Gluten Free Thanksgiving
Planning a gluten free thanksgiving does not have to be overwhelming. It’s actually fairly easy to create. I have been sans gluten for close to 10 years now, and the shifts and changes I have made to have a GF Thanksgiving, have not had to be monumental changes.
The tastes and flavors are still amazing, and very frankly, I don’t feel like I am missing out on a thing. I think it’s just about getting a rhythm down, and some good resources and recipes under your belt. Here is my list of favorite recipes and tips for a successful Gluten Free Thanksgiving!
Where does gluten show up?
The primary places where gluten shows up in Thanksgiving recipes is: pie crust, stuffing, canned soup, onion topping, breads of course, and gravy (flour or roux).
Turkey is naturally gluten free. Purchase pasture raised, organic or locally raised whenever you can. Not only will the flavor be amazing, but there will not be added hormones, chemicals, pesticides and your animals are humanely raised.
My favorite preparation for my turkey is to brine it with Alton Brown’s recipe, I have made just a couple adjustments, I never seem to find candied ginger (or maybe I forget to look), and I use olive oil instead of canola oil. Lastly, his timing for the turkey is 2-2 1/2 hours, and I have found this to be too short, for me it’s a solid 3 hours, and maybe 3 1/2 dependent on your oven.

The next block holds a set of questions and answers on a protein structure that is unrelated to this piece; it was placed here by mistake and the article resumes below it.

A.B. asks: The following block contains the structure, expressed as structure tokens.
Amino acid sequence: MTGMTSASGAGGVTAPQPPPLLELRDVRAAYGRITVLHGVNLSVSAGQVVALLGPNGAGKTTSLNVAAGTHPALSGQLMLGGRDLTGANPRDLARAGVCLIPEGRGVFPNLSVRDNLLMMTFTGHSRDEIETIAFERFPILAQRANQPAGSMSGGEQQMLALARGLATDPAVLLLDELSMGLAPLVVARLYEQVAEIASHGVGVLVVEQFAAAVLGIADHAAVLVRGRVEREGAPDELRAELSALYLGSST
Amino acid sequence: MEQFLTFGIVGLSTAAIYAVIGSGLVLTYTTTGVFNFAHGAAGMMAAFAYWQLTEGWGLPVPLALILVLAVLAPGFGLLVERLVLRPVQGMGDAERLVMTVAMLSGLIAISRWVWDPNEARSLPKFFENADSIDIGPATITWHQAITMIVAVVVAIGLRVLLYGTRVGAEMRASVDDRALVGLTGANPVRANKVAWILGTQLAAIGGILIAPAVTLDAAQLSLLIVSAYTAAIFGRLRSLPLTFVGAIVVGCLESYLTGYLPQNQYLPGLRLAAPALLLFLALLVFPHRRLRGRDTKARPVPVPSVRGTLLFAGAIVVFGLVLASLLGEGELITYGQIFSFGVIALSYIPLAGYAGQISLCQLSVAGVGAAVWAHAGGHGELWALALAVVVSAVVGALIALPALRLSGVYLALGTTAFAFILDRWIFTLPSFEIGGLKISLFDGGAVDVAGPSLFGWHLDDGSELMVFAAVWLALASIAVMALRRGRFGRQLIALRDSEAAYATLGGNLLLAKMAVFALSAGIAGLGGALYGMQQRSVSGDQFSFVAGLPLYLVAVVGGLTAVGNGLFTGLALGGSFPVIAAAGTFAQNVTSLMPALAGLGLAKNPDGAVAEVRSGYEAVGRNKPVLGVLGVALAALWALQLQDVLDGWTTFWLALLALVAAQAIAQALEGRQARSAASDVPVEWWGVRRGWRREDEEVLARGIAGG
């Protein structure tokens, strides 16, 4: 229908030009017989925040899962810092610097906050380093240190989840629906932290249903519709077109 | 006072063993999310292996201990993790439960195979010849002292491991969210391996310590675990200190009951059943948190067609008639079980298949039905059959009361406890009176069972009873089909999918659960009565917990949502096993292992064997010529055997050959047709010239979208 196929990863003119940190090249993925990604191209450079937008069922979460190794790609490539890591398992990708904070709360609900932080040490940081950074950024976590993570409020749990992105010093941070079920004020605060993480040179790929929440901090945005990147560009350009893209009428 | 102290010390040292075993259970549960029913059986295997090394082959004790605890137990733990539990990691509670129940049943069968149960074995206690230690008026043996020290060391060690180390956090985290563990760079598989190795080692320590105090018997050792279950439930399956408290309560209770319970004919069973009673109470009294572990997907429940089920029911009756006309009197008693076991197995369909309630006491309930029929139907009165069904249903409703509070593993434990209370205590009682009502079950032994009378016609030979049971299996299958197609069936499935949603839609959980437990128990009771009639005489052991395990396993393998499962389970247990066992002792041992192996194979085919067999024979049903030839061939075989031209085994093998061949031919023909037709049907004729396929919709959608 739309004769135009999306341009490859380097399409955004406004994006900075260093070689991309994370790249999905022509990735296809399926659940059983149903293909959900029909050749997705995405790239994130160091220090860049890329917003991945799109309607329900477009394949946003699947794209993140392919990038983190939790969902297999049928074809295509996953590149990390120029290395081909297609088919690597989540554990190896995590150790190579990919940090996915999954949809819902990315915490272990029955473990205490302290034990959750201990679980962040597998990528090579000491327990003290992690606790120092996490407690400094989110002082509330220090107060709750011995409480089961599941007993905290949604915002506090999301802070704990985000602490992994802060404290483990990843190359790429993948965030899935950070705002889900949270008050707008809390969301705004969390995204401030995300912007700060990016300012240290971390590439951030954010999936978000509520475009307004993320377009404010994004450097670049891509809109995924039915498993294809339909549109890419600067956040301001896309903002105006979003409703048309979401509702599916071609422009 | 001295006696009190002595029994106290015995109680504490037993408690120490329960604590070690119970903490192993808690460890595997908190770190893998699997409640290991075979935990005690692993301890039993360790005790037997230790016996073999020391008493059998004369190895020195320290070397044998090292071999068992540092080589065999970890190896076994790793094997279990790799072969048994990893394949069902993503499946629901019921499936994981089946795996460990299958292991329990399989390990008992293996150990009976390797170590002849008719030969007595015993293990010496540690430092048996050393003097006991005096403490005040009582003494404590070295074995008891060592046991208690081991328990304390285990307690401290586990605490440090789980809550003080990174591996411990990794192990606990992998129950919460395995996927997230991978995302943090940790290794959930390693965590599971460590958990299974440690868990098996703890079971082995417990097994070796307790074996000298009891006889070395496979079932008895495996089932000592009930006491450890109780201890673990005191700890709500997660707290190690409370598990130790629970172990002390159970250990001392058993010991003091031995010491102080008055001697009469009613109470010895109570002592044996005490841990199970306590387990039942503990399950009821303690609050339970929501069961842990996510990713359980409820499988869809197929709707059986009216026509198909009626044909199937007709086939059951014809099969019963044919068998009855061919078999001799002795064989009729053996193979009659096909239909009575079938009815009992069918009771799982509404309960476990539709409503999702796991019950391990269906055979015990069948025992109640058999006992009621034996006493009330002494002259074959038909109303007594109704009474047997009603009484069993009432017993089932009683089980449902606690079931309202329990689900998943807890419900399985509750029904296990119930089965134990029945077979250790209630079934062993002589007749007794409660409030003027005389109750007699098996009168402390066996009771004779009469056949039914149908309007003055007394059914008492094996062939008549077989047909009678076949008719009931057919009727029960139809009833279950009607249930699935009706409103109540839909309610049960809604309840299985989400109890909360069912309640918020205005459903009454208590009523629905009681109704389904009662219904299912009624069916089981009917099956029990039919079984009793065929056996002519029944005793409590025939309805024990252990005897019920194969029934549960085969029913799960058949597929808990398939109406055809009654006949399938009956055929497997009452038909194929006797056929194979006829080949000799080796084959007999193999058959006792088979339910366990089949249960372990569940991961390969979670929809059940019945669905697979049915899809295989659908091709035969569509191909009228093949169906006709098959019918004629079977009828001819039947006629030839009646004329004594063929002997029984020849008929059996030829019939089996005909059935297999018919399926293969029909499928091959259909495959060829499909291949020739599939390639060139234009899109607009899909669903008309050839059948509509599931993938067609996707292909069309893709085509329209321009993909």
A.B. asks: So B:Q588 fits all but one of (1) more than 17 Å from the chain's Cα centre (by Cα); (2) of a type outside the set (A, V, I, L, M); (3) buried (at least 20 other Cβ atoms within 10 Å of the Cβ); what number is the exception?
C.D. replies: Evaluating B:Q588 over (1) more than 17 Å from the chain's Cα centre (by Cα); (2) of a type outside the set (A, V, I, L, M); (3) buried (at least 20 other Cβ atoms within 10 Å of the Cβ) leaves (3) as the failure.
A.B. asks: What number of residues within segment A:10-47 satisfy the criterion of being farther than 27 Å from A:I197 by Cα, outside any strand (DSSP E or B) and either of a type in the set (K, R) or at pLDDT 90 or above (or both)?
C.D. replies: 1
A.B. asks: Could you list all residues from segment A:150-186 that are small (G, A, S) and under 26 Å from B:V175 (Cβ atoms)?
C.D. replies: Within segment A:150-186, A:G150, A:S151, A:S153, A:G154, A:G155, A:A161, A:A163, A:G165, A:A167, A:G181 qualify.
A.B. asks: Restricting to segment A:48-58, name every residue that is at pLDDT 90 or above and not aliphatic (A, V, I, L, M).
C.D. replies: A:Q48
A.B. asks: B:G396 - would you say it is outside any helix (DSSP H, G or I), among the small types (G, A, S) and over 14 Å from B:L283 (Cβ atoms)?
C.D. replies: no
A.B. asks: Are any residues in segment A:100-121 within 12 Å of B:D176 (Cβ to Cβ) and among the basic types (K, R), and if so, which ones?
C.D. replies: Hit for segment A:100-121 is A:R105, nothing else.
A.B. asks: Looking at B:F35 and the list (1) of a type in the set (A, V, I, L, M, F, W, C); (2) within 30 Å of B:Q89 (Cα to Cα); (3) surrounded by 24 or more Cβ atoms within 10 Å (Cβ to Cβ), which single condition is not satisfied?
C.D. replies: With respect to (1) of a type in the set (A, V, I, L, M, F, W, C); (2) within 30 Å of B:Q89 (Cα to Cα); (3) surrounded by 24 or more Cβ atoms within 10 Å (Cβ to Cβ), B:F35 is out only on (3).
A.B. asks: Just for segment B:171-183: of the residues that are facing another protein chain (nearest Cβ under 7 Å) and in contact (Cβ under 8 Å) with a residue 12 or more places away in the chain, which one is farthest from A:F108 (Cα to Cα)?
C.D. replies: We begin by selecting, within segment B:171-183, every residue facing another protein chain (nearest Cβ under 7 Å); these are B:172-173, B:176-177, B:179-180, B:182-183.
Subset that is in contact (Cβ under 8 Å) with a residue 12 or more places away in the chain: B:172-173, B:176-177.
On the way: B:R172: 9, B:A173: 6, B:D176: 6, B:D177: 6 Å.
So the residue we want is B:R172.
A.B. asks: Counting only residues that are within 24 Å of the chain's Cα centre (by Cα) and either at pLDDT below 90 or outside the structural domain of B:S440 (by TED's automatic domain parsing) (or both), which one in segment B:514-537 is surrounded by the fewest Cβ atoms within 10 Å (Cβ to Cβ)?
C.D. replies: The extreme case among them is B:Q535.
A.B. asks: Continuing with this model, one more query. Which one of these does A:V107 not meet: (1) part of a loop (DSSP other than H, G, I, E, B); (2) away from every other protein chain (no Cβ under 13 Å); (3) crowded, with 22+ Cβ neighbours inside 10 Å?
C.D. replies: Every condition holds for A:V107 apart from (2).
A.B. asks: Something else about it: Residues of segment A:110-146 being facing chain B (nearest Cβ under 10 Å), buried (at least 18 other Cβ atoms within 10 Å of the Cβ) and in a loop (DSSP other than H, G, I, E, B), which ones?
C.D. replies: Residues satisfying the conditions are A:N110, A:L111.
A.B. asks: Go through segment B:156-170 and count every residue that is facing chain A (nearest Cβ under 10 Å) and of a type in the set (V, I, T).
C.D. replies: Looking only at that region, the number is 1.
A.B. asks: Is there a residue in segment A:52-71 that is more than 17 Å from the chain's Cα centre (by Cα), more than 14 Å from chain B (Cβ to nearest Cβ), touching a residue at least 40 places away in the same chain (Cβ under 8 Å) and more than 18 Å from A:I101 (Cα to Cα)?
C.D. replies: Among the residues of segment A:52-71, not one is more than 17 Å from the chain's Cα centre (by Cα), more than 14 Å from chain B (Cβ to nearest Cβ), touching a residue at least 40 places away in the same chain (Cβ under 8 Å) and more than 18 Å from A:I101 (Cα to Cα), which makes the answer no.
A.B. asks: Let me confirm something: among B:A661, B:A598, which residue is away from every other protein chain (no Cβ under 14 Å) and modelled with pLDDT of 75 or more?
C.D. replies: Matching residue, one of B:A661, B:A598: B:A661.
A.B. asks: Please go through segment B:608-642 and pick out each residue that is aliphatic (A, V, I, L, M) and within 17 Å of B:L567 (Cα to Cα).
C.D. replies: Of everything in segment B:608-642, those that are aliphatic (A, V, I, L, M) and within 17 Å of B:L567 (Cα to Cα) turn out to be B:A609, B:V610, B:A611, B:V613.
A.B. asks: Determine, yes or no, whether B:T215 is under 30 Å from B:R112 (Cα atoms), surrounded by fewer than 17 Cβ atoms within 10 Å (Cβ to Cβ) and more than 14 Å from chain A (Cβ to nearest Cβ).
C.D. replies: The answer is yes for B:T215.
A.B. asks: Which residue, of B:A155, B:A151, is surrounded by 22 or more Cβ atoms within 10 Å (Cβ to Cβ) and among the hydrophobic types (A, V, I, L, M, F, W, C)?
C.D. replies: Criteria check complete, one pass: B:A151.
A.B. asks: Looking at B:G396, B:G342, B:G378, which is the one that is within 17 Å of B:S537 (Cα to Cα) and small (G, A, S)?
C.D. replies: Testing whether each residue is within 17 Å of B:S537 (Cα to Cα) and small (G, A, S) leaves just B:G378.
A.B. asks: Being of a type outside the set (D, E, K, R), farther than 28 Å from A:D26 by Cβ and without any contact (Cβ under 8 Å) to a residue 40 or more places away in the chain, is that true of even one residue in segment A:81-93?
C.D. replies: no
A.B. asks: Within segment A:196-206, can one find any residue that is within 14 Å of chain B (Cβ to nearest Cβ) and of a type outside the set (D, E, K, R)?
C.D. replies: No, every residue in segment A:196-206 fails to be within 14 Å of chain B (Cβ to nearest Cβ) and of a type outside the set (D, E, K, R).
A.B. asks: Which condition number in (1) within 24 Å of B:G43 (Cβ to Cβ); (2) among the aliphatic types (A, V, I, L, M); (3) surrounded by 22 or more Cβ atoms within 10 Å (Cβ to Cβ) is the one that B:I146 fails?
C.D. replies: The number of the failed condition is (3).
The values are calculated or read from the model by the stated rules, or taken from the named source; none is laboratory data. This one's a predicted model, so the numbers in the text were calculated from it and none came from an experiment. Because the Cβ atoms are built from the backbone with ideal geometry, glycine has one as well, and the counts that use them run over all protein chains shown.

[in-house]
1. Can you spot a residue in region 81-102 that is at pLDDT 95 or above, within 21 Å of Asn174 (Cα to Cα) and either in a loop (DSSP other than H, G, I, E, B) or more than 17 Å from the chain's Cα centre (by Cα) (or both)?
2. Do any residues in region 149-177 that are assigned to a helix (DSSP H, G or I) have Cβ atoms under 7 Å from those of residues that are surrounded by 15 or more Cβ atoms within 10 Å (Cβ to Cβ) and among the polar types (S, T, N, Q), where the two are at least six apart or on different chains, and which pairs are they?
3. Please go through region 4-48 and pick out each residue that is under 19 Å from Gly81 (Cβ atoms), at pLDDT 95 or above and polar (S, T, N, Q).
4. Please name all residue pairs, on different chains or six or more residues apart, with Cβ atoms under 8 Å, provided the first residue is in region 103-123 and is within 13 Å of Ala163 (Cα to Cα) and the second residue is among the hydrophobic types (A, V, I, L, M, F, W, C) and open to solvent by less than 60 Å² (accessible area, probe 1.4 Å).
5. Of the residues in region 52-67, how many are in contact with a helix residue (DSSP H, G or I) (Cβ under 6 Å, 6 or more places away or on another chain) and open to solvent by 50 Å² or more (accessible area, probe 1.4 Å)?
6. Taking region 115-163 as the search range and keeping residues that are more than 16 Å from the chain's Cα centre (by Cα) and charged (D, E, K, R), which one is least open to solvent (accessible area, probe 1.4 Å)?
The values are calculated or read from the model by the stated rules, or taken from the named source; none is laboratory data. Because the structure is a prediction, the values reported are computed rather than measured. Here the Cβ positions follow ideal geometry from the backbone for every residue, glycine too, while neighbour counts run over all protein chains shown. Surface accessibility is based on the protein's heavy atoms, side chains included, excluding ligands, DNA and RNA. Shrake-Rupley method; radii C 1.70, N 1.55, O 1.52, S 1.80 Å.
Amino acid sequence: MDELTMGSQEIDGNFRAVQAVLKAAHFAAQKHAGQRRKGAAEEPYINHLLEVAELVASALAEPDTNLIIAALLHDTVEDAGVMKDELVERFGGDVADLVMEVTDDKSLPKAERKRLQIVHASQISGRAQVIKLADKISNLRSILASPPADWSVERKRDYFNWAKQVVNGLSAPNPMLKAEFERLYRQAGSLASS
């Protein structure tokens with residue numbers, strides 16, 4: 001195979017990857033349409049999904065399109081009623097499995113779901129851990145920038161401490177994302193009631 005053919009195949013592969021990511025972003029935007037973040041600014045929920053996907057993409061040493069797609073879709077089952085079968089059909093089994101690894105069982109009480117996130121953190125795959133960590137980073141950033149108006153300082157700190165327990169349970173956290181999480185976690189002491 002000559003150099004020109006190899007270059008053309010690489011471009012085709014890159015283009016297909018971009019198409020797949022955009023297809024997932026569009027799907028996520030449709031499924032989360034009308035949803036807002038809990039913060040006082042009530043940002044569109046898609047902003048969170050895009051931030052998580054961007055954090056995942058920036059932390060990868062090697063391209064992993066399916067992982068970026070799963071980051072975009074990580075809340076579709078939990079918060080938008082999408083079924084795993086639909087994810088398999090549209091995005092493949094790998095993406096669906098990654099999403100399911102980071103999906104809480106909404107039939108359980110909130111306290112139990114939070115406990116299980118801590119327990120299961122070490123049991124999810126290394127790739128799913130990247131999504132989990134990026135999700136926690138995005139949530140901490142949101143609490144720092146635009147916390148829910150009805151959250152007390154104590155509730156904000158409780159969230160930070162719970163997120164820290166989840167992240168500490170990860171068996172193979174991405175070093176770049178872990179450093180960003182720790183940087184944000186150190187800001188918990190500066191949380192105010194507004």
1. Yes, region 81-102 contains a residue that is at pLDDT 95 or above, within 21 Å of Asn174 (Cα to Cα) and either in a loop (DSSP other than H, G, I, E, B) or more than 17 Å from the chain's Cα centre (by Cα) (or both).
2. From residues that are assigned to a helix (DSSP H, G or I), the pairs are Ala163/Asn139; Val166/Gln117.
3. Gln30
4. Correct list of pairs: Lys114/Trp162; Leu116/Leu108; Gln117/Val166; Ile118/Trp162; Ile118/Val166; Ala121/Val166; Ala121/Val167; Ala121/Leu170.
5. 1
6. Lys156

Not sure what size turkey to get? Plan on a 1/2lb per person.
Mashed potatoes are naturally gluten free. They are a staple at our house, you simply can not have Thanksgiving dinner without mashed potatoes. There is really nothing like the loft you get with a russet potato. However, this white potato is not the best for our blood sugar. I like to switch this up, and use a white sweet potato instead (when my family doesn’t balk at this).
For Dairy Free Mashed Potatoes- I substitute almond or flax milk instead of cows milk, and use homemade Ghee, if you can tolerate ghee (butter fat with the milk solids boiled out -so no casein or lactose). If not, I have subbed olive oil instead of the butter, and this works well also.
How much to make? My mom always says 1 potato per person, I personally like lots of left overs, so I always make more.
1 loaf Gluten free bread – Cut into cubes, and set out to dry for a few days, or toast in the oven
6-8 T Butter or ghee
3-4 Stalks celery chopped small
1 Medium onion diced small
20ish Fresh Sage leaves chopped
About 2 cups of Chicken Stock – my favorite is Imagine Foods, because it doesn’t have sugar or gluten
Salt and Pepper to Taste
Saute’ celery, onion and sage in 2T butter or ghee until the onions are translucent, and remove from heat. Place bread cubes in a buttered glass baking dish (9 x 13 ish). Mix in onions, celery and sage. Add Salt and Pepper to taste. Add 2 cups of chicken stock, and stir everything together. Dot the remaining butter or ghee on the top of the mixed stuffing. Bake covered for 15mn, and uncovered for 15mn at 350 degrees.
There are also a couple other stuffing versions you could look for that could be Gluten Free or GF. Corn Bread Stuffing (double check there is no white flour in it, as corn bread can commonly have it), as well as a Wild Rice Stuffing.
Green Bean Casserole
The crispy onion topping and the mushroom soup, are not typically gluten free